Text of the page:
The U.S. Department of Justice (DOJ) is seeking COVID-19 data from four states to determine whether they violated the civil rights of nursing home residents when they required facilities to admit patients with the virus. Nursing homes are filled with elderly and immune-compromised individuals who are at greater risk of severe COVID-19 symptoms, complications and death.
The states in question include New York, New Jersey, Pennsylvania and Michigan — all states with Democratic governors, who question if the inquiry has political motives.
Both Michigan and Pennsylvania are swing states in the upcoming presidential election. All four states are among the hardest hit by the pandemic and have reported some of the highest nursing home COVID-19 cases and deaths. However, the DOJ didn’t request similar data from other states with similarly high COVID-19 nursing home rates, like Texas, Florida and California.
“Protecting the rights of some of society’s most vulnerable members, including elderly nursing home residents, is one of our country’s most important obligations,” said Eric Dreiband, assistant attorney general for the department’s Civil Rights Division.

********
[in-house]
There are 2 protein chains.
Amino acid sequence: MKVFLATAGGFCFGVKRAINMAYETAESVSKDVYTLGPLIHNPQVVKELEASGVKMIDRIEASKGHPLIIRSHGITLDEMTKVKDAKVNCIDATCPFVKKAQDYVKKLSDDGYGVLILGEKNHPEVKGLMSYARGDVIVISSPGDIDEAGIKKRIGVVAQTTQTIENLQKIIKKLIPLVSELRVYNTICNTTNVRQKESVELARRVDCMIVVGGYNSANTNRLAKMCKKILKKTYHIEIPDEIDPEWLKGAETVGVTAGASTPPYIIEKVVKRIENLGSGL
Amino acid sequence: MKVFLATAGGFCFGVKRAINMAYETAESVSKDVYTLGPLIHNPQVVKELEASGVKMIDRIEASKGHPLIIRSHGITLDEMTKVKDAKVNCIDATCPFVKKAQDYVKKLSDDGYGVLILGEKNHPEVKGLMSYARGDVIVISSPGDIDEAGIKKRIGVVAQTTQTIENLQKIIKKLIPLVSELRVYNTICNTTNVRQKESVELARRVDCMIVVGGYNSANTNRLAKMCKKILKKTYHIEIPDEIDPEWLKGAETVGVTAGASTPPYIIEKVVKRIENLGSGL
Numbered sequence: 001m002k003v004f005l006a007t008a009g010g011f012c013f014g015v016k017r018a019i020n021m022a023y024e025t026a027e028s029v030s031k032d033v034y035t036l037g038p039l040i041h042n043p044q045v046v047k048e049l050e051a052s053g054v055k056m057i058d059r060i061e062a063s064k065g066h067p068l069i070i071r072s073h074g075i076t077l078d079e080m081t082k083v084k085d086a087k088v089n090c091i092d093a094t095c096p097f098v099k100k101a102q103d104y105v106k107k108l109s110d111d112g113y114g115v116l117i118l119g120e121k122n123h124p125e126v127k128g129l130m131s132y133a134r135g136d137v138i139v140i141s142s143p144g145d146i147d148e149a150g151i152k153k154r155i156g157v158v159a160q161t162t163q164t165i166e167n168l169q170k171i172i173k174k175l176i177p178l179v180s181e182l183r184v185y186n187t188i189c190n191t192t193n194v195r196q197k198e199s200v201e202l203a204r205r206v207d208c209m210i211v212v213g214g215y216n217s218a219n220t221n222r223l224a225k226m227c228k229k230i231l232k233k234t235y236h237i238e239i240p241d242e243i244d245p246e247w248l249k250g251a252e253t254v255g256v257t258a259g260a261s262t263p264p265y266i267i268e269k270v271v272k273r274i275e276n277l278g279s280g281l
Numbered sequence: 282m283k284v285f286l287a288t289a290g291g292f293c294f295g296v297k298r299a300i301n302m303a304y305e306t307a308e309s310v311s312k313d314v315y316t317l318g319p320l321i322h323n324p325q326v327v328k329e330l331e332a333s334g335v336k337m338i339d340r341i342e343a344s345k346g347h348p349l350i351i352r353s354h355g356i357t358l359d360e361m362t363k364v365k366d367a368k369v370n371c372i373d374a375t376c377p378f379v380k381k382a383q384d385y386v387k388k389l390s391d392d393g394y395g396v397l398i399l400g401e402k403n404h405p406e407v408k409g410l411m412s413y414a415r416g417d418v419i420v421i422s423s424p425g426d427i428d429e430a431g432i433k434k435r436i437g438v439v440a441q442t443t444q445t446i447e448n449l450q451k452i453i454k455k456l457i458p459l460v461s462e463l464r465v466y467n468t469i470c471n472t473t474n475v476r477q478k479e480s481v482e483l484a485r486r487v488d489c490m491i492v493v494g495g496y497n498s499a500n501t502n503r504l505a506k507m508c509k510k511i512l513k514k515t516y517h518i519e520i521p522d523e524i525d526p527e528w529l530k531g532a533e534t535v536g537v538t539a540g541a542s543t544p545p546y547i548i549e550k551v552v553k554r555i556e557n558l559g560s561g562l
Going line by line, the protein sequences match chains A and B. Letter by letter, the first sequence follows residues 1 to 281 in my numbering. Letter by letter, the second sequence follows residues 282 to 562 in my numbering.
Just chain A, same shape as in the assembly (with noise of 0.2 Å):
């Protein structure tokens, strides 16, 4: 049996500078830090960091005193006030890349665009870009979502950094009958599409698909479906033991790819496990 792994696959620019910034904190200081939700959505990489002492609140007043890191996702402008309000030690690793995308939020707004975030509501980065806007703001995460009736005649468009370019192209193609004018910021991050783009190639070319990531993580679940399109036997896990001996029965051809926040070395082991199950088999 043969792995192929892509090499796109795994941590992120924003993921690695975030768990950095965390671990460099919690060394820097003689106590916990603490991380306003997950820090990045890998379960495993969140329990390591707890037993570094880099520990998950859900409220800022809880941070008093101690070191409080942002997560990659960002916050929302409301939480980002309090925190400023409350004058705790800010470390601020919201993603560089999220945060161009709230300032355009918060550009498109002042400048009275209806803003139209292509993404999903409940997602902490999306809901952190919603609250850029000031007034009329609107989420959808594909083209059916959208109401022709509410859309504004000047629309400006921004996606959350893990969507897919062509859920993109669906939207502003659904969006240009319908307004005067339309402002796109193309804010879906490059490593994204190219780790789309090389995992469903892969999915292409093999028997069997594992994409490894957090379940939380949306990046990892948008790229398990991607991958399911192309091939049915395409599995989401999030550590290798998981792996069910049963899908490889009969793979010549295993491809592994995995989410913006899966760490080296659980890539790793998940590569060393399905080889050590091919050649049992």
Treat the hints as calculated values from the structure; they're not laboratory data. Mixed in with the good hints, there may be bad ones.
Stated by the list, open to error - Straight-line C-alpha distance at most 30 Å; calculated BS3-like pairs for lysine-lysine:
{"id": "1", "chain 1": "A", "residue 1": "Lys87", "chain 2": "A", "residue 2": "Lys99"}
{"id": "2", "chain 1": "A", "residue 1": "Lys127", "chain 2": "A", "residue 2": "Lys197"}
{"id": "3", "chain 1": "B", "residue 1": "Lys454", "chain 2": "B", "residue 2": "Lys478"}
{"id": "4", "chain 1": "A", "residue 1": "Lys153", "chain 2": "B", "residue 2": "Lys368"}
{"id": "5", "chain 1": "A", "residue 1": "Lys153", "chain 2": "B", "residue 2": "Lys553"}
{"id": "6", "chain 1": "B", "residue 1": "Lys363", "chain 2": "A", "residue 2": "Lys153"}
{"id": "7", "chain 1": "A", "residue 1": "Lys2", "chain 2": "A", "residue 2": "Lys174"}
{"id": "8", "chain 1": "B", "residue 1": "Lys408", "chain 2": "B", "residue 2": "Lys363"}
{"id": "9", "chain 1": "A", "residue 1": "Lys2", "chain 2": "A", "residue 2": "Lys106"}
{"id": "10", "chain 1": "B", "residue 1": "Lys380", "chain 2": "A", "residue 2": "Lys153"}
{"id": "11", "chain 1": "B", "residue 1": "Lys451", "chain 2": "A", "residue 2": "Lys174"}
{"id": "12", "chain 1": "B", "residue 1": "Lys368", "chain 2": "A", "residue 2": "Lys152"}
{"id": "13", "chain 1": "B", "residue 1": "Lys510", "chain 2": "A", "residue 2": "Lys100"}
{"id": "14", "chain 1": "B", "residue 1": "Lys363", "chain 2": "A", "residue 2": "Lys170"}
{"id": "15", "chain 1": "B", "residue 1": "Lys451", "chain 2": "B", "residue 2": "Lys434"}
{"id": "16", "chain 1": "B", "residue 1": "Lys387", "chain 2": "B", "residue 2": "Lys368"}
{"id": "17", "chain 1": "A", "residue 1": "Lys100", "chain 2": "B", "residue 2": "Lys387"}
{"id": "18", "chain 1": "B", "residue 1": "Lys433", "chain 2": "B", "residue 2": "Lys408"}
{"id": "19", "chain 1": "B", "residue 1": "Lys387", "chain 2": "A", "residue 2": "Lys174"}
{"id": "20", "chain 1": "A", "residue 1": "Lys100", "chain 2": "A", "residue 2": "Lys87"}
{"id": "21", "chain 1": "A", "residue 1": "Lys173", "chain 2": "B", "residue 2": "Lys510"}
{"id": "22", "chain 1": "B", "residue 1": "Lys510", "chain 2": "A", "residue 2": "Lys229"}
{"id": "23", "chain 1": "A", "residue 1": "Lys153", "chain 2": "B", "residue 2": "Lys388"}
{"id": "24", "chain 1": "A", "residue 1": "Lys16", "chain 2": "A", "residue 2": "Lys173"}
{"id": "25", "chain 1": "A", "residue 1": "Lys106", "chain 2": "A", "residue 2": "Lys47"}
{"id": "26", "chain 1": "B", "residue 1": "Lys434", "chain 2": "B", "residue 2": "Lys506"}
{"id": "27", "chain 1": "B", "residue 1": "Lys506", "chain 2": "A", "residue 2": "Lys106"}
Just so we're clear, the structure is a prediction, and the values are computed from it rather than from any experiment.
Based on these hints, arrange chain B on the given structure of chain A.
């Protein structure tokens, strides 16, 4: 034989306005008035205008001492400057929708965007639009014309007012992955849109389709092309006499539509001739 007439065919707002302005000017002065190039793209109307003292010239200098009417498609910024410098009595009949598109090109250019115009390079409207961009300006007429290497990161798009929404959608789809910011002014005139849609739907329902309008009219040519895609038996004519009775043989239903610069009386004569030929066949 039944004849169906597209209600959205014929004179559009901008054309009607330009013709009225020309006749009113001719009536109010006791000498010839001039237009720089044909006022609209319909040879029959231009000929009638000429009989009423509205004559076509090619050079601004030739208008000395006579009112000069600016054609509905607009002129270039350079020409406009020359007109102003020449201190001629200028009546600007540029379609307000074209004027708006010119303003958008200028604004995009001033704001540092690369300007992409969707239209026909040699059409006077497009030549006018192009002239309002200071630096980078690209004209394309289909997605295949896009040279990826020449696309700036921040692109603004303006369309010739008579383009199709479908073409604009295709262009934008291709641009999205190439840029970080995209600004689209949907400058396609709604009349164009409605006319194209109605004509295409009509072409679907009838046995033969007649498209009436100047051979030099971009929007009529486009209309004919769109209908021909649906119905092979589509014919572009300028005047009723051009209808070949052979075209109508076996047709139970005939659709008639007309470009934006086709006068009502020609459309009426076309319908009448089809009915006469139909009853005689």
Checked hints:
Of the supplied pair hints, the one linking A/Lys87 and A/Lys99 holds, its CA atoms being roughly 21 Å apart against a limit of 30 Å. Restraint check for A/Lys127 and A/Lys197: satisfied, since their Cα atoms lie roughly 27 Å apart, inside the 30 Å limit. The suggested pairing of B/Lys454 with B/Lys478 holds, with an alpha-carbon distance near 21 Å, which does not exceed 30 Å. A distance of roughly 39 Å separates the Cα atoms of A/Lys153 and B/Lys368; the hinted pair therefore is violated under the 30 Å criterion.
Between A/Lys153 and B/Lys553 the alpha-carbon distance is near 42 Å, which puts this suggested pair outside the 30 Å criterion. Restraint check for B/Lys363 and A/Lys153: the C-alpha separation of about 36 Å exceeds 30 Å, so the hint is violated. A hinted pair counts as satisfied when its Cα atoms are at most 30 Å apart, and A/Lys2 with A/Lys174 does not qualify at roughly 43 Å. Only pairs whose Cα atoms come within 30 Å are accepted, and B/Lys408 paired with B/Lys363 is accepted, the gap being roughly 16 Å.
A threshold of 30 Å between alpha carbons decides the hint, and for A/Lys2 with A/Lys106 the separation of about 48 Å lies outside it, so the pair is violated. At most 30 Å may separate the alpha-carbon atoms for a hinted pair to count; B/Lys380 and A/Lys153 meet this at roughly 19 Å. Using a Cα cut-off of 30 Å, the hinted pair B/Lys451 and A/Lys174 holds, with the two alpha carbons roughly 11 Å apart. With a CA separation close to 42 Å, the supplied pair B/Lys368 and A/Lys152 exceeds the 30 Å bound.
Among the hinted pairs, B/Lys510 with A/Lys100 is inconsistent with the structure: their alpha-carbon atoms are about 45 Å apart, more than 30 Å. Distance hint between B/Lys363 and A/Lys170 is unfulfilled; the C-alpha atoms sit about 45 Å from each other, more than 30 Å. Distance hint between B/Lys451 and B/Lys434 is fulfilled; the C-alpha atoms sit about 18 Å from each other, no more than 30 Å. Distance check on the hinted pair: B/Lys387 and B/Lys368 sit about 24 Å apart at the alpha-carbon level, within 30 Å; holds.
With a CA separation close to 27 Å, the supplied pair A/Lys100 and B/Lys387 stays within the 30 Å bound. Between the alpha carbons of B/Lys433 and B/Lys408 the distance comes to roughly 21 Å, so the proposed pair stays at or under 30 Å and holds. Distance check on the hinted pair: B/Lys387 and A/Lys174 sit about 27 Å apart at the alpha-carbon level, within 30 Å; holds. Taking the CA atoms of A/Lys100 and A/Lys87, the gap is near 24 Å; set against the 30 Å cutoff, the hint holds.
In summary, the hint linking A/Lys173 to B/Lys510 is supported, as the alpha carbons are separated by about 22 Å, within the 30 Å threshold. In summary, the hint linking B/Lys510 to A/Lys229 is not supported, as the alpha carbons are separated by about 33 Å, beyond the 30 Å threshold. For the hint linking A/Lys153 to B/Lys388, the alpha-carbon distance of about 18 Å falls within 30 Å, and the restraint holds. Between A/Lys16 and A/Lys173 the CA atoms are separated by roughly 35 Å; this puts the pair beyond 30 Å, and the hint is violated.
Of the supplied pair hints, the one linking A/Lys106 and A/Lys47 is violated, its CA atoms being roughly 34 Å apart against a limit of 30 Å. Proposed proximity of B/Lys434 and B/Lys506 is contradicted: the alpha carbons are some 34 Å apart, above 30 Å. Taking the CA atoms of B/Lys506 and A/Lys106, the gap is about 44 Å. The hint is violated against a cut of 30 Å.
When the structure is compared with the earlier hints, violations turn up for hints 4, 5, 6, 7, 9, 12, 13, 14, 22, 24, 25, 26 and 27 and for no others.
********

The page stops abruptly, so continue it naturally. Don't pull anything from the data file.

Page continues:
A spokeswoman for Michigan Gov. Gretchen Witmer issued a statement saying, “We will review this letter and respond as appropriate. However, Americans would be better served if the Trump administration stopped the partisan games and focused on delivering a real plan to defeat COVID-19.”
Nursing homes were an early bellwether as they have been especially hard hit by the coronavirus. The Centers for Medicare & Medicaid Services (CMS) took early measures to require infection and control practices at facilities across the country and managed to slow the spread by late June. But as of late July, infection and death rates have spiked again, signaling, “We could have a more significant crisis on our hands,” CMS Administrator Seema Verma told nursing home facility operators during a mid-August conference call.
Alyssa Baskam, a lawyer in our Atlanta office, heads Beasley Allen’s Nursing Home Litigation Team, together with Tucker Osborne in our Montgomery office. In order to properly handle nursing home litigation, lawyers and support staff must have specific experience in this type of case.